Own AFIC (ASX:AFI) shares? Then you also own these US tech stocks

AFIC has found a new playground to play in…

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The Australian Foundation Investment Co Ltd (ASX: AFI) has long held a reputation for being a Listed Investment Company (LIC) that primarily invests in blue chip ASX shares. That’s what you get when you’ve been around since 1928 and don’t change your investing playbook too often.

But it seems as though even an old ship can still change course.

Don’t worry, there’s nothing too radical here. AFIC’s largest positions remain in ASX 200 blue chip shares, according to its latest data. Its top shares still include stalwarts like Commonwealth Bank of Australia (ASX: CBA)BHP Group Ltd (ASX: BHP) and CSL Limited (ASX: CSL).

However, there have been rumours swirling around that AFIC has been looking beyond our shores for its investment horizon. These largely stem from AFIC’s annual general meeting last year.

Well, we just got some proof that the rumours were not entirely unfounded. AFIC has just released its annual report for the 2021 financial year and it contained some very interesting tidbits. AFIC actually announced that it has been investing beyond the ASX in a meaningful way. Here’s what it said:

A small part of our funds, $48 million (which represents approximately 0.5 per cent of the portfolio) was invested into a diversified global equities portfolio during the latter half of the financial year. 

Not only that, but AFIC also disclosed these international shares. And it turns out there are quite a lot of them: 39 in fact.

AFIC takes the plunge on US tech stocks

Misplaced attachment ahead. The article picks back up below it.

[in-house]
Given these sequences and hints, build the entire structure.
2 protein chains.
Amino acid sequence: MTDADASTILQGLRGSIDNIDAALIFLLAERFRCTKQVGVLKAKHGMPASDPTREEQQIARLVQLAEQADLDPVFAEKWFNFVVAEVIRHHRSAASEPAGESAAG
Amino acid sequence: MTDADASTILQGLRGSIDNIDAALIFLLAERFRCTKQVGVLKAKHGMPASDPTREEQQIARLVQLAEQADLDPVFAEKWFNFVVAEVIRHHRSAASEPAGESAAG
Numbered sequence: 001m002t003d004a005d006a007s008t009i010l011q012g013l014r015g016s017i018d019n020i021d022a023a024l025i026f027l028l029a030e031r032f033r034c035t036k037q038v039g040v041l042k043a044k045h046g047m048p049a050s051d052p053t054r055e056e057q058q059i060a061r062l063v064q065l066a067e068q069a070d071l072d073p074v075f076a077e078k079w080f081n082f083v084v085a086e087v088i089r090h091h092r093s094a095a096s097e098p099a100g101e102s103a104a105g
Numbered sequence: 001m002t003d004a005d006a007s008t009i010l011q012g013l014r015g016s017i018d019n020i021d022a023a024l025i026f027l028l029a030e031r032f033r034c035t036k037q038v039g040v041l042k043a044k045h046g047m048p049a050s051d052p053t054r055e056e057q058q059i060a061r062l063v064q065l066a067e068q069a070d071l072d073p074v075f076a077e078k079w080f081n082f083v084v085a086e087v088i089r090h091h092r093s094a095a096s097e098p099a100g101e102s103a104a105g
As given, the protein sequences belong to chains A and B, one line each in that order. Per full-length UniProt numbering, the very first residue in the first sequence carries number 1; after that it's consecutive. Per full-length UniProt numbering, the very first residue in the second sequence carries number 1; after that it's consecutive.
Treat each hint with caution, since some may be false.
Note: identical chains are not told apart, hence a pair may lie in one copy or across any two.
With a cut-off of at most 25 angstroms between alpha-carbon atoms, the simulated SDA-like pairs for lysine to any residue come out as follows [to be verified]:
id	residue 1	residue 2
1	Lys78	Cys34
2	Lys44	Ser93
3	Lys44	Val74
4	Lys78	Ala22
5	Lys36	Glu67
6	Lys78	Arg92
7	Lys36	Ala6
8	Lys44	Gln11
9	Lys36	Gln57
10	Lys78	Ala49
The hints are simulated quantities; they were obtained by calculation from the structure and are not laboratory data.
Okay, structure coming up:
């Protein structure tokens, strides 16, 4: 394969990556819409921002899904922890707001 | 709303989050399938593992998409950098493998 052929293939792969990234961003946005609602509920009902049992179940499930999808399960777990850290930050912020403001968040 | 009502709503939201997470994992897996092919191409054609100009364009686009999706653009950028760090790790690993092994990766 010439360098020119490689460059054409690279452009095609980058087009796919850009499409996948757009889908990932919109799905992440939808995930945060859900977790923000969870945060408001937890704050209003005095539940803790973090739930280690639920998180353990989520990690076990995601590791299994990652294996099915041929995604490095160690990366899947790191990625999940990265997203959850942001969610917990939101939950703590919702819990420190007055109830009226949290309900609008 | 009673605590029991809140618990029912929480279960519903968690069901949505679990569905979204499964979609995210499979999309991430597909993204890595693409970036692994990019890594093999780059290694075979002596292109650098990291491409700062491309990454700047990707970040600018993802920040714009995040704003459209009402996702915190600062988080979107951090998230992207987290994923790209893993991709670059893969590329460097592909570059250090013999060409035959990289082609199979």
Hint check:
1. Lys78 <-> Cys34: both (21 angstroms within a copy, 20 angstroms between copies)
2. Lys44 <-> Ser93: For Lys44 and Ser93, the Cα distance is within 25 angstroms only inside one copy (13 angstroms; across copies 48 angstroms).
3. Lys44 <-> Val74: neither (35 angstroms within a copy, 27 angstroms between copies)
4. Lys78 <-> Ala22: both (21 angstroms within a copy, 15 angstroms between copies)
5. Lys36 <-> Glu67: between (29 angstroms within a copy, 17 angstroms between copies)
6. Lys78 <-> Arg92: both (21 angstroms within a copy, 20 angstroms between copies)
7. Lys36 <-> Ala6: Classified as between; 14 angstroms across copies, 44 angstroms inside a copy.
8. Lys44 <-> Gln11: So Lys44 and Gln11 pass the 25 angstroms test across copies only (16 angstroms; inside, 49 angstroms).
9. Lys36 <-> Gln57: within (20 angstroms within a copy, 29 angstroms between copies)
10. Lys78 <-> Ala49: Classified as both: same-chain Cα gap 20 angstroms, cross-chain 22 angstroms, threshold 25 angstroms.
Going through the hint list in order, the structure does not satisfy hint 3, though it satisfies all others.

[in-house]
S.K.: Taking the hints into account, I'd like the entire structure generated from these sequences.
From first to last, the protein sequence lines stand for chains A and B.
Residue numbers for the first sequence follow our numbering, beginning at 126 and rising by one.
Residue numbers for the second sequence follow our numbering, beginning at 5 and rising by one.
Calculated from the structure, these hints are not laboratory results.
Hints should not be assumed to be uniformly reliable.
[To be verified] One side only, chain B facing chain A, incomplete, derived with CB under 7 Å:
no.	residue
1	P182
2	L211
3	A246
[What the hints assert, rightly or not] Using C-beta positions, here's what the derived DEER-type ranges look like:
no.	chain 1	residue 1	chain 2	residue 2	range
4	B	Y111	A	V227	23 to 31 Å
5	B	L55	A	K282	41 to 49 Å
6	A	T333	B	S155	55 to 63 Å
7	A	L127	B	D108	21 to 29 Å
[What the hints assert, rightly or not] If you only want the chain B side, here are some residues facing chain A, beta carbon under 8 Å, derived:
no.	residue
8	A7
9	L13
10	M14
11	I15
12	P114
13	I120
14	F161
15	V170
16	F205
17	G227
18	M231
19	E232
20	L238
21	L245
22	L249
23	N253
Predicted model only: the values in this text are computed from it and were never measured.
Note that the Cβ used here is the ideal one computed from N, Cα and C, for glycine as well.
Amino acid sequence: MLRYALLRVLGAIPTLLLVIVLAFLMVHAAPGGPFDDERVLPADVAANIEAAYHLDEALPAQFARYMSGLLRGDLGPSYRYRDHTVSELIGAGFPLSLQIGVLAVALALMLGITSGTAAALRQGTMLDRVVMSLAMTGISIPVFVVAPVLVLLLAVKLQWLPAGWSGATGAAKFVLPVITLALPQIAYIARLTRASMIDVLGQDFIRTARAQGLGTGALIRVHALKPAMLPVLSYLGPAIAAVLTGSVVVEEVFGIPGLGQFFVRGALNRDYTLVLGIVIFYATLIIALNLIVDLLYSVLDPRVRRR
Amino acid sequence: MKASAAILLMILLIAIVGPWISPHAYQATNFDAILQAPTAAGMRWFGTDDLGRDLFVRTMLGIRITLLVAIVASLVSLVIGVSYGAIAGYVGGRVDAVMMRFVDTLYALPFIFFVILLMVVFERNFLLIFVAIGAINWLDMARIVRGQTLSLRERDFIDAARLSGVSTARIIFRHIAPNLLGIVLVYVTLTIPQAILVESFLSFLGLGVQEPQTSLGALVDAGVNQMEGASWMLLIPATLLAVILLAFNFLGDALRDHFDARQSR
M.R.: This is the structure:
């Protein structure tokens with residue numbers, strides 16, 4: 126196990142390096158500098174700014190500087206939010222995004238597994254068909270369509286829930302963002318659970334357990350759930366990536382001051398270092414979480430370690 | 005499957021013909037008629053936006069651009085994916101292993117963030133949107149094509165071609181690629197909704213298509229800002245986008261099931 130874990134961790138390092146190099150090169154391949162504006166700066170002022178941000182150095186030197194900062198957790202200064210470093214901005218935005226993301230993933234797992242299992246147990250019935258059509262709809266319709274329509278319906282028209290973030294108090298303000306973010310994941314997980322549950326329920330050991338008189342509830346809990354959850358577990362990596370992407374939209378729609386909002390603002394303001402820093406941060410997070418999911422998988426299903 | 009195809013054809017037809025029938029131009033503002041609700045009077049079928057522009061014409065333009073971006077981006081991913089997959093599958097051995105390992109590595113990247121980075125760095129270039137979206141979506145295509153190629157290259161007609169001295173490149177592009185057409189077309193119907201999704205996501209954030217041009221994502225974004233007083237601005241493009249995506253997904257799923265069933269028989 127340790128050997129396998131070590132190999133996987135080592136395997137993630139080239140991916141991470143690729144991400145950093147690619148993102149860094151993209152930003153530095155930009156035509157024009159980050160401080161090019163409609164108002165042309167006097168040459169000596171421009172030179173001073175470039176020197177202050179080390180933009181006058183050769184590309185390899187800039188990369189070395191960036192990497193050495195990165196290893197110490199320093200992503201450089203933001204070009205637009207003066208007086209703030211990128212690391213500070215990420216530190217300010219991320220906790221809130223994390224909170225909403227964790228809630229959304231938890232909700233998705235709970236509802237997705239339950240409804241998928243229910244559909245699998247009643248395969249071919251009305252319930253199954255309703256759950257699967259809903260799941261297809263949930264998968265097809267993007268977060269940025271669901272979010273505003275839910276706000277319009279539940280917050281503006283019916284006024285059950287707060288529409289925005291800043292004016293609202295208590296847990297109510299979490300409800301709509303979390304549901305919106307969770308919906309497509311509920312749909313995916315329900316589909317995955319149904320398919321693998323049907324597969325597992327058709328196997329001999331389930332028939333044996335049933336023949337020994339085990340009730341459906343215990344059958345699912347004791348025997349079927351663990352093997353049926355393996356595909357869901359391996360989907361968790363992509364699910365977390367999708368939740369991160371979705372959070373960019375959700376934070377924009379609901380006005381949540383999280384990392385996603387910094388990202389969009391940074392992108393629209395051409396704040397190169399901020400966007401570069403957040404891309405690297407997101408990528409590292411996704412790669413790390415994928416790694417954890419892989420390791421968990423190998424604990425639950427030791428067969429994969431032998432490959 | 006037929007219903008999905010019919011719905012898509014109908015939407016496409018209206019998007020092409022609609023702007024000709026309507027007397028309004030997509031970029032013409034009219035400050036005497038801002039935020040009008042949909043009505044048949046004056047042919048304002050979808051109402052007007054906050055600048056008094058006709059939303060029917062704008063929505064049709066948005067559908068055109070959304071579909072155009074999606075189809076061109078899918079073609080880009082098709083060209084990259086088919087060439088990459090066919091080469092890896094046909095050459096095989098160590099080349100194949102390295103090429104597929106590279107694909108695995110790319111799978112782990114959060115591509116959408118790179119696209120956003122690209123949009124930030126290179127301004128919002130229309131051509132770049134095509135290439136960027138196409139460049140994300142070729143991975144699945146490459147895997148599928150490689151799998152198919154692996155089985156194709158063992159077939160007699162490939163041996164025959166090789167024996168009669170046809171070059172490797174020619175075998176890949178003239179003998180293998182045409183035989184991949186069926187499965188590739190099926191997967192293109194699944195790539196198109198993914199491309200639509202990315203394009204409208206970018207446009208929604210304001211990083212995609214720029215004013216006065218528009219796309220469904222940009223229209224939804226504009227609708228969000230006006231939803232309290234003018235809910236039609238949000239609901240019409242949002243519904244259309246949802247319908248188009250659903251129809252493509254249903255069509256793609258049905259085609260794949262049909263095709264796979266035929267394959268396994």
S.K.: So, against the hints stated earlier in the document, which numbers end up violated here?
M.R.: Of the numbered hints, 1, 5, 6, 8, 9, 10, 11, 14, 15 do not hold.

These companies are mostly US shares, but there are some British, German Fench, Swiss and Chinese companies too. We won’t go through all of them, but here are some of the more prominent names:

So it’s pretty evident that AFIC is very happy to add some big US blue chip companies to its portfolio, including all of the FAANG stocks, as well as Microsoft. Its exposure to the European consumer staples giants in Nestle and Unilever is also notable, as is its investment in the Chinese e-commerce giant Alibaba.

And although AFIC admits these positions amount to a relatively small proportion of its overall investments, we can probably expect the company to continue to beef up its international portfolio going forward.

At the current AFIC share price of $8.41, this LIC has a market capitalisation of $10.3 billion, and a dividend yield of 2.84%.

John Mackey, CEO of Whole Foods Market, an Amazon subsidiary, is a member of The Motley Fool’s board of directors. Suzanne Frey, an executive at Alphabet, is a member of The Motley Fool’s board of directors. Teresa Kersten, an employee of LinkedIn, a Microsoft subsidiary, is a member of The Motley Fool’s board of directors. Randi Zuckerberg, a former director of market development and spokeswoman for Facebook and sister to its CEO, Mark Zuckerberg, is a member of The Motley Fool's board of directors. Motley Fool contributor Sebastian Bowen owns shares of Alphabet (A shares), Facebook, Mastercard, McDonalds, PepsiCo, Starbucks, and Visa. The Motley Fool Australia's parent company Motley Fool Holdings Inc. owns shares of and has recommended Alibaba Group Holding Ltd., Alphabet (A shares), Alphabet (C shares), Amazon, Apple, CSL Ltd., Facebook, Mastercard, Microsoft, Netflix, PayPal Holdings, Starbucks, and Visa. The Motley Fool Australia's parent company Motley Fool Holdings Inc. has recommended Unilever and has recommended the following options: long January 2022 $1,920 calls on Amazon, long January 2022 $75 calls on PayPal Holdings, long March 2023 $120 calls on Apple, short January 2022 $1,940 calls on Amazon, short March 2023 $130 calls on Apple, and short October 2021 $120 calls on Starbucks. The Motley Fool Australia has recommended Alphabet (A shares), Alphabet (C shares), Amazon, Apple, Facebook, Mastercard, Netflix, PayPal Holdings, and Starbucks. The Motley Fool has a disclosure policy. This article contains general investment advice only (under AFSL 400691). Authorised by Bruce Jackson.

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